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Saturday, May 12, 2012

2012 TOSRV Granfalloon

05/12/12 109m

I have ridden in the 2007 TOSRV and the 2005 TOSRV, but this was the first year I'd be riding without a few friends.

Riding is initially a physical activity, but it is later a matter of conation - the decision to ride, and the decision to keep riding - and those decisions can be swayed and made easier by the presence of good company. With a group of friends a long day riding is a pleasure, but with a group of strangers it's a different experience; the company in today's organized ride is at best a granfalloon, and I missed riding with my buddies.

I was up at 0530 and started sorting my kit into piles of "bring/don't bring", choosing to leave rain gear and cold weather gear behind. Then, in spite of a long-standing personal policy of never fooling with a bike just before an event, I spent some time re-routing my aero-bars and my brake cables, and I think I ended up with a much better layout. I was now armed with a duffel bag of supplies I'll want in Portsmouth, and another bag of things I'll leave behind in the locked car.

There is no better way to summon people to a point of assembly, to give them a way to proceed together smartly, than to provide a band of musicians, and this morning I heard the unmistakable sound of bagpipes echoing off Columbus' buildings.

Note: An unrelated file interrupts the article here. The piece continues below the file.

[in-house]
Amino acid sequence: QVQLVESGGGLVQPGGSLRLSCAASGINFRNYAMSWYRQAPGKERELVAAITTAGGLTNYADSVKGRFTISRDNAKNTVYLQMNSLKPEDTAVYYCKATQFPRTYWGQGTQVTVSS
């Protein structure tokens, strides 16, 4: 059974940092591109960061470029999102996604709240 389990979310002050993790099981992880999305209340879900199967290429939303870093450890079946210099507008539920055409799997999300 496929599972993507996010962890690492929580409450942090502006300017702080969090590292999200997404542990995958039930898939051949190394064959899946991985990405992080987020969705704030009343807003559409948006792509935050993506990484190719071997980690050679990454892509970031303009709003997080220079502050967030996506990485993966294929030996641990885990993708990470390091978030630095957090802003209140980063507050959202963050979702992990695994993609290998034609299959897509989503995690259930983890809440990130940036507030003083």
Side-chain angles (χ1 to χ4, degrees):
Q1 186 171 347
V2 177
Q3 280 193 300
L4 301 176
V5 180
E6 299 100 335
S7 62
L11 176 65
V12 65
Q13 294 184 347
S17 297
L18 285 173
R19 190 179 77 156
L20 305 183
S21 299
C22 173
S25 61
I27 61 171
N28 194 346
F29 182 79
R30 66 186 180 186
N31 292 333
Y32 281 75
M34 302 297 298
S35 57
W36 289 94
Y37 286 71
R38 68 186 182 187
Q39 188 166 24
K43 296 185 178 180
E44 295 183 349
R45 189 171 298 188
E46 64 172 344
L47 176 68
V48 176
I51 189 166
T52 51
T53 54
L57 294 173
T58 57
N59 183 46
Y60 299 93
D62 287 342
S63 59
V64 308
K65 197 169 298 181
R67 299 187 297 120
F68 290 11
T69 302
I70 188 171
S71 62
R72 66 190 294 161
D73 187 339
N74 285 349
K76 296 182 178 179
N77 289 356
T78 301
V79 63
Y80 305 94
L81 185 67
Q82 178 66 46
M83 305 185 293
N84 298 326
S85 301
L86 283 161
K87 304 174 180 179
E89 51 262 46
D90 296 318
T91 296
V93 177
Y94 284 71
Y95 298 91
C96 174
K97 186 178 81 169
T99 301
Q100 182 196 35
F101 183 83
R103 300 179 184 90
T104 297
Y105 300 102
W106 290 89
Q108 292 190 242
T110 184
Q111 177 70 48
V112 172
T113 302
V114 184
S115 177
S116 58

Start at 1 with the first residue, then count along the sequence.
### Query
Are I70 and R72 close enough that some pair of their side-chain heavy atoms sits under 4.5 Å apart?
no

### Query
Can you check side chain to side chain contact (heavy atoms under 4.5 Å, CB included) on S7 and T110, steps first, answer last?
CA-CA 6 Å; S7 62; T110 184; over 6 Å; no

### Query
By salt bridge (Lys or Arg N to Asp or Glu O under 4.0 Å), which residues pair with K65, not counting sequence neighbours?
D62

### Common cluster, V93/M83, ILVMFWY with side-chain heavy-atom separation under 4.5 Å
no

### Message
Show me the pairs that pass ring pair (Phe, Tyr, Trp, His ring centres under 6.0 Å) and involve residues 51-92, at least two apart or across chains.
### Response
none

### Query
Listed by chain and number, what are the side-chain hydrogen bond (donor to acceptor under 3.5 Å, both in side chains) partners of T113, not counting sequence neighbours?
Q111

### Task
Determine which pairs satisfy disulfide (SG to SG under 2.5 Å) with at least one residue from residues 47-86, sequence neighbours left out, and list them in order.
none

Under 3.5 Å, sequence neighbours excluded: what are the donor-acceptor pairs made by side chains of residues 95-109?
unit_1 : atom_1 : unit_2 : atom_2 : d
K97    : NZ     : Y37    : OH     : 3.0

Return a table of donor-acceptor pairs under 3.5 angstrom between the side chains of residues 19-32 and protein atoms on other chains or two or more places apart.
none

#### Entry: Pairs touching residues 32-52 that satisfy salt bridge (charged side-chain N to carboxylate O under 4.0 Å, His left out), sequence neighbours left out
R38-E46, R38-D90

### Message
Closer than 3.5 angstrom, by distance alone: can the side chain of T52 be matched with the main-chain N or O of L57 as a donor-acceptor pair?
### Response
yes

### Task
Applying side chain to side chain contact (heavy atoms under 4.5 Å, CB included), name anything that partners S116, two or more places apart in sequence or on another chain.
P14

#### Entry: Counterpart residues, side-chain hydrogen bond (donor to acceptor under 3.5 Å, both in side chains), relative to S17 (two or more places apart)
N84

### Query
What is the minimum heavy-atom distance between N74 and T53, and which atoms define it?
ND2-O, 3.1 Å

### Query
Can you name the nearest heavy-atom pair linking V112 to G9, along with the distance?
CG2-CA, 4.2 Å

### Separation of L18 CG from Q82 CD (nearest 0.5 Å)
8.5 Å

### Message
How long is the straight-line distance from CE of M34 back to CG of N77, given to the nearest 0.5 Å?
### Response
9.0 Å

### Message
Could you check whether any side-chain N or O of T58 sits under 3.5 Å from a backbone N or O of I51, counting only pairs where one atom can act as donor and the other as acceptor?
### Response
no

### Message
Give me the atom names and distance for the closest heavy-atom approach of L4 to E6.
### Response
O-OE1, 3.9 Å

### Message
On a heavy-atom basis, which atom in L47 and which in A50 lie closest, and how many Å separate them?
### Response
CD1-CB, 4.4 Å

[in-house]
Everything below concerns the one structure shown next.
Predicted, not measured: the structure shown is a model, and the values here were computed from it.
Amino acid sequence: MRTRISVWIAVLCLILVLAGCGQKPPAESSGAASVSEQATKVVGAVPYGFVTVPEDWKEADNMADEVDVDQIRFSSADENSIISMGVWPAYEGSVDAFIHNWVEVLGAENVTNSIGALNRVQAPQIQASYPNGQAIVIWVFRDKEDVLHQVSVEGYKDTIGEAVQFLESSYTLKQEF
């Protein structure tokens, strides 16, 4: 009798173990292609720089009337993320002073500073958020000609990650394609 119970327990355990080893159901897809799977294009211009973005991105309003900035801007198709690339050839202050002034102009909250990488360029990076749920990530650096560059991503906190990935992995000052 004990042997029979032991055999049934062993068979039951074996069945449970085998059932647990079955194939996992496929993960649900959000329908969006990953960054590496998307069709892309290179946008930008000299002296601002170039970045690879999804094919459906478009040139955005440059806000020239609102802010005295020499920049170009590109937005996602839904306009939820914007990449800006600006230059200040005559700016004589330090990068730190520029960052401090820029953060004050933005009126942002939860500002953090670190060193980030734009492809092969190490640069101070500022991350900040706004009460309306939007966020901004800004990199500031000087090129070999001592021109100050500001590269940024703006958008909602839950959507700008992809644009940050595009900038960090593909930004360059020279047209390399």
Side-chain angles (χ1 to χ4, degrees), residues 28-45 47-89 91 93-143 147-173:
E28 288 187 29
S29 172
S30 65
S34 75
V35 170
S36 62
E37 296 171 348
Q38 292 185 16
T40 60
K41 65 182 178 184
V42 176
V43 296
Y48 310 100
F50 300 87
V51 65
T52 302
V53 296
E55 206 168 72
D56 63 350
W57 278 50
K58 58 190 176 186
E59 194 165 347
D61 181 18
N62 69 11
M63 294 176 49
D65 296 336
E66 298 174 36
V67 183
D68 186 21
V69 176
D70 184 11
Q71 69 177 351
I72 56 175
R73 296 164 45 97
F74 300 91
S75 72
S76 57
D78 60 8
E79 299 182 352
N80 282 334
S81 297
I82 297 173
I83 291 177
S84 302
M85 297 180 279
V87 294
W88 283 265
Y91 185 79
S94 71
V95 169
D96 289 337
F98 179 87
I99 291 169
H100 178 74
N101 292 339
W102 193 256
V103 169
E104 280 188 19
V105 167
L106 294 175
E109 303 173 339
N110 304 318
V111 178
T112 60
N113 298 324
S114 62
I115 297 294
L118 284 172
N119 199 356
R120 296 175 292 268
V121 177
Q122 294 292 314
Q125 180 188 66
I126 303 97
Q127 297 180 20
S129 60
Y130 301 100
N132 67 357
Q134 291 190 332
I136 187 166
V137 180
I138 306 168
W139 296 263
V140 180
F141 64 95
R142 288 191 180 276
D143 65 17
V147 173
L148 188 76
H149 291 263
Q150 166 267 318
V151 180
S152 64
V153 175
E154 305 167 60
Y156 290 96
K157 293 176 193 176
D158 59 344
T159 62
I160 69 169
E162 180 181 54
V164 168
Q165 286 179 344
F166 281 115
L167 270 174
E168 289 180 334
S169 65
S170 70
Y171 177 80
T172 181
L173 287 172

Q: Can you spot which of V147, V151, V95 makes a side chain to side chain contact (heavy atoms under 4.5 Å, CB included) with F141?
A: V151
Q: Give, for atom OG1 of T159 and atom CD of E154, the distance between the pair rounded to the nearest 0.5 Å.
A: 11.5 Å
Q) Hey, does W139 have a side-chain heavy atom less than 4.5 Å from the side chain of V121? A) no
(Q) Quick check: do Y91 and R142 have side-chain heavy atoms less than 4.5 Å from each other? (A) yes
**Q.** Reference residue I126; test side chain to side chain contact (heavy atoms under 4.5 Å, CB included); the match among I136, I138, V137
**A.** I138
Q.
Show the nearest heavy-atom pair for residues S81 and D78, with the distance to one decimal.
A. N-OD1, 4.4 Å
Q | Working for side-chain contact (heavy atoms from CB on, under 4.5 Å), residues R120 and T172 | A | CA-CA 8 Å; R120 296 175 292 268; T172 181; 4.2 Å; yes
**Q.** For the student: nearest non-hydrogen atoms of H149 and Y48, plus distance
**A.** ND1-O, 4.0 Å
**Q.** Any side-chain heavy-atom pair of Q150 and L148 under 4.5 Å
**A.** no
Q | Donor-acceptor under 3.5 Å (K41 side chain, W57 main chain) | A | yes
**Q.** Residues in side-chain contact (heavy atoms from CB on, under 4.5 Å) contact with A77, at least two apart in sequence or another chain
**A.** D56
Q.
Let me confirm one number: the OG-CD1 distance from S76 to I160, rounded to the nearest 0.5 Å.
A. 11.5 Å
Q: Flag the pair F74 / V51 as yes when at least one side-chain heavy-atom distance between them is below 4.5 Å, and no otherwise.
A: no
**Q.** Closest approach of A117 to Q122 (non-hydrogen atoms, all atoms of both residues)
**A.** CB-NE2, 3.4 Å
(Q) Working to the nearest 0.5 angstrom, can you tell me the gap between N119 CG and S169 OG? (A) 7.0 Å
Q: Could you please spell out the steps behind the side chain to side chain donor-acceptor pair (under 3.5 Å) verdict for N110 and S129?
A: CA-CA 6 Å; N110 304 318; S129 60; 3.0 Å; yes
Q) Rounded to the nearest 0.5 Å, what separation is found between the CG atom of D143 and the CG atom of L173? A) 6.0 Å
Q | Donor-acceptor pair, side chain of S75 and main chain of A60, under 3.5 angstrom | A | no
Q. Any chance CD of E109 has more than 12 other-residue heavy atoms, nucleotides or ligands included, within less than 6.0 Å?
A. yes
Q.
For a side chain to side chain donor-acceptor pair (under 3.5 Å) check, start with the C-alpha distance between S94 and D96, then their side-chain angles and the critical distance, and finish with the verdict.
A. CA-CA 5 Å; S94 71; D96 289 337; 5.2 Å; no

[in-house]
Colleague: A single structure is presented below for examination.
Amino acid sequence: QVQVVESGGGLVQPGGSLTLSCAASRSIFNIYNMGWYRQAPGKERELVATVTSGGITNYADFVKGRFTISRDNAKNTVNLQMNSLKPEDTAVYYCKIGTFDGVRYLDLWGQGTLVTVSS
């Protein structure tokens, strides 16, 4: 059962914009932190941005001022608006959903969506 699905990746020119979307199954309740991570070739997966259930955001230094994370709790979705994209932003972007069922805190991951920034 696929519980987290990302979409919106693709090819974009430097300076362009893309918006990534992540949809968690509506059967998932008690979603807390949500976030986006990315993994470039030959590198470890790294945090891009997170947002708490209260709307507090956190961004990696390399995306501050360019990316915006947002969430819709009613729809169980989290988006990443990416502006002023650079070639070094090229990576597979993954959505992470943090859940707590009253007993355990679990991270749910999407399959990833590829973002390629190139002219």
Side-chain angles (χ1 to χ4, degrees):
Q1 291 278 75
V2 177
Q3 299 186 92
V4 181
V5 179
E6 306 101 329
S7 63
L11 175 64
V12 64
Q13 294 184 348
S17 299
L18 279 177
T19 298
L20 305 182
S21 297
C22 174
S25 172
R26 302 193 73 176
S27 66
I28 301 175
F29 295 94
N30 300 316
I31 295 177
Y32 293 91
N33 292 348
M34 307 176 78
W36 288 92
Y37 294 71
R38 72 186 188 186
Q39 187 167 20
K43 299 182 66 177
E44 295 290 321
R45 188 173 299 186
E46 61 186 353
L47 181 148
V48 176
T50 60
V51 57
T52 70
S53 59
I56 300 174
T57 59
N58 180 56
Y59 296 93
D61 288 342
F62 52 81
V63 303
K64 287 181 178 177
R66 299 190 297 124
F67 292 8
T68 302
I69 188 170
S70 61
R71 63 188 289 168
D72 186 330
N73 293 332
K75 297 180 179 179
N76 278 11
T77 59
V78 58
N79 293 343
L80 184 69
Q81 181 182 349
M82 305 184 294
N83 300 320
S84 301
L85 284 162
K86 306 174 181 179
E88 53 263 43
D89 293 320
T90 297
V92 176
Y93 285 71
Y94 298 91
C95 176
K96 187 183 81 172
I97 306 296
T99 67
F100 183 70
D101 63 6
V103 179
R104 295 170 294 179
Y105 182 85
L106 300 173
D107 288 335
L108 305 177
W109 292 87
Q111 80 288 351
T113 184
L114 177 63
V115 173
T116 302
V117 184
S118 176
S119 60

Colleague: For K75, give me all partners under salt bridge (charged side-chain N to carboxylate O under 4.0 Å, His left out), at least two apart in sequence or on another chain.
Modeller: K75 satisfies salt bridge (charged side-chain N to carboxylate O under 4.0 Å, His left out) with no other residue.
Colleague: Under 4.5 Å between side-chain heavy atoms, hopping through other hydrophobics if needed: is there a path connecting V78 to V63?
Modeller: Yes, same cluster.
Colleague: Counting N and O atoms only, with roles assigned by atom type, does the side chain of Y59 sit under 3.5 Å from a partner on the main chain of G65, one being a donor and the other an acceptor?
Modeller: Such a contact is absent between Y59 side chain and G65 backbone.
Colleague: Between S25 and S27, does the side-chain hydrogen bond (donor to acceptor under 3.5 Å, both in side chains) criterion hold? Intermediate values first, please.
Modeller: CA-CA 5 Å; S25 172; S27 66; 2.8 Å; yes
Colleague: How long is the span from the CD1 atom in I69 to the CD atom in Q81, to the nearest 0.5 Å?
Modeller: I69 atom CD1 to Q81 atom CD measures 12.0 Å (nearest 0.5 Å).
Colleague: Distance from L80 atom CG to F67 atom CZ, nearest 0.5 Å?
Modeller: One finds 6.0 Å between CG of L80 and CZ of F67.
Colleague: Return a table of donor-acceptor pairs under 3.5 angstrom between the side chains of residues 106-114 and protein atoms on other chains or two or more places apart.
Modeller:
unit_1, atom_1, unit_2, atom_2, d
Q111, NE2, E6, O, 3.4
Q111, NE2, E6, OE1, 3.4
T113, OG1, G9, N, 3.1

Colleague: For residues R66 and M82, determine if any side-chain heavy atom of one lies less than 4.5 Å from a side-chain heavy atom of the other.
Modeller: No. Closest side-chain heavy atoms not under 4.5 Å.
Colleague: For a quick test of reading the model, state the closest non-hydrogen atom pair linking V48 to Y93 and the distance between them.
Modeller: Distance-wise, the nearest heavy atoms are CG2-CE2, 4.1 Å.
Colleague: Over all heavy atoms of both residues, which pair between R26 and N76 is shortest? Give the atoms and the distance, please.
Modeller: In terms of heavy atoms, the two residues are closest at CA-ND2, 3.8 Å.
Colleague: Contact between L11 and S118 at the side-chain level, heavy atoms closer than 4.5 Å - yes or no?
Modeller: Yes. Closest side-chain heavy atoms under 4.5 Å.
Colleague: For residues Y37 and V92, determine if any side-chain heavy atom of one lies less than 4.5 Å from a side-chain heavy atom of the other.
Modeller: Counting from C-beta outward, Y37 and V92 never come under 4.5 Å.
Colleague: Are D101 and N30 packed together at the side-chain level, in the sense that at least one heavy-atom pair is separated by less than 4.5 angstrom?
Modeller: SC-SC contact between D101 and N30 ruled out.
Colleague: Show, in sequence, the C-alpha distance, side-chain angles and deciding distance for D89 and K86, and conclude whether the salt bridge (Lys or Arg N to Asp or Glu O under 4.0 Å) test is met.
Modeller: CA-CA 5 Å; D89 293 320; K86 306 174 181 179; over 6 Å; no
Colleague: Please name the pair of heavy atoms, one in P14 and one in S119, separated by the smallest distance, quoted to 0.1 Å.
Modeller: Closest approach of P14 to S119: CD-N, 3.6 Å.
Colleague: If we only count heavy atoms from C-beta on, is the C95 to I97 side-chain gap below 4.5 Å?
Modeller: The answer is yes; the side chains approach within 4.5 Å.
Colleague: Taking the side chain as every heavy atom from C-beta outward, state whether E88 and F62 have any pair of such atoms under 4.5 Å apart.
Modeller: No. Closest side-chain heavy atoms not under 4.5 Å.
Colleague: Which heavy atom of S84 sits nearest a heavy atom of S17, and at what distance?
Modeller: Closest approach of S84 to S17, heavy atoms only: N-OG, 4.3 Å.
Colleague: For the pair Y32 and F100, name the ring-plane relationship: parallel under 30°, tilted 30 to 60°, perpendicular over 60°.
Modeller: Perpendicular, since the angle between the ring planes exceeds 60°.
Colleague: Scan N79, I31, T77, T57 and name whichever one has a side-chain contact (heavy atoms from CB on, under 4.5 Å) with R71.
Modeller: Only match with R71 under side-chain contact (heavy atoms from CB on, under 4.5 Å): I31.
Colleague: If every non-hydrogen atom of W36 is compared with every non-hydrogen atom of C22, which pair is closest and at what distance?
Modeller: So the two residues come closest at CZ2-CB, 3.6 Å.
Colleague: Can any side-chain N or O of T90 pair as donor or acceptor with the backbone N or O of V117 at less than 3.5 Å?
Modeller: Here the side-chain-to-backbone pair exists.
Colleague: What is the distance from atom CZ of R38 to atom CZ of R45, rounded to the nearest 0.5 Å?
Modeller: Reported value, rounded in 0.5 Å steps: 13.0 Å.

I dropped the duffel bag off into a waiting Ryder truck (which would convey it to my destination, they've really got this figured out) and then joined the queue for the 0730 start, which occured at about 0750.

In preparation for a mass start, organizers were marshalling riders into various clusters in a process that looked a lot like herding cats. I saw some folks wearing this year's newest accessory, the smart-looking but decidedly drag-inducing helmet cam:

It makes me want to speculate whether somebody's making this stuff up and placing bets on whether they can induce people to go out like that.

In this photo of the group start, you may see one particularly stylish cyclist with an orange triangle on the back of his bike, imagine if you will the smooth pedal stroke:


The beginning of a ride is somewhat thrilling because it's both exciting and scary; the frisson of a new day and an unknown experience, and the risk of butterfly-induced foolishness or distraction leading to a pileup. Fortunately, the riders within my range departed the city without incident, with policemen blocking sidestreets.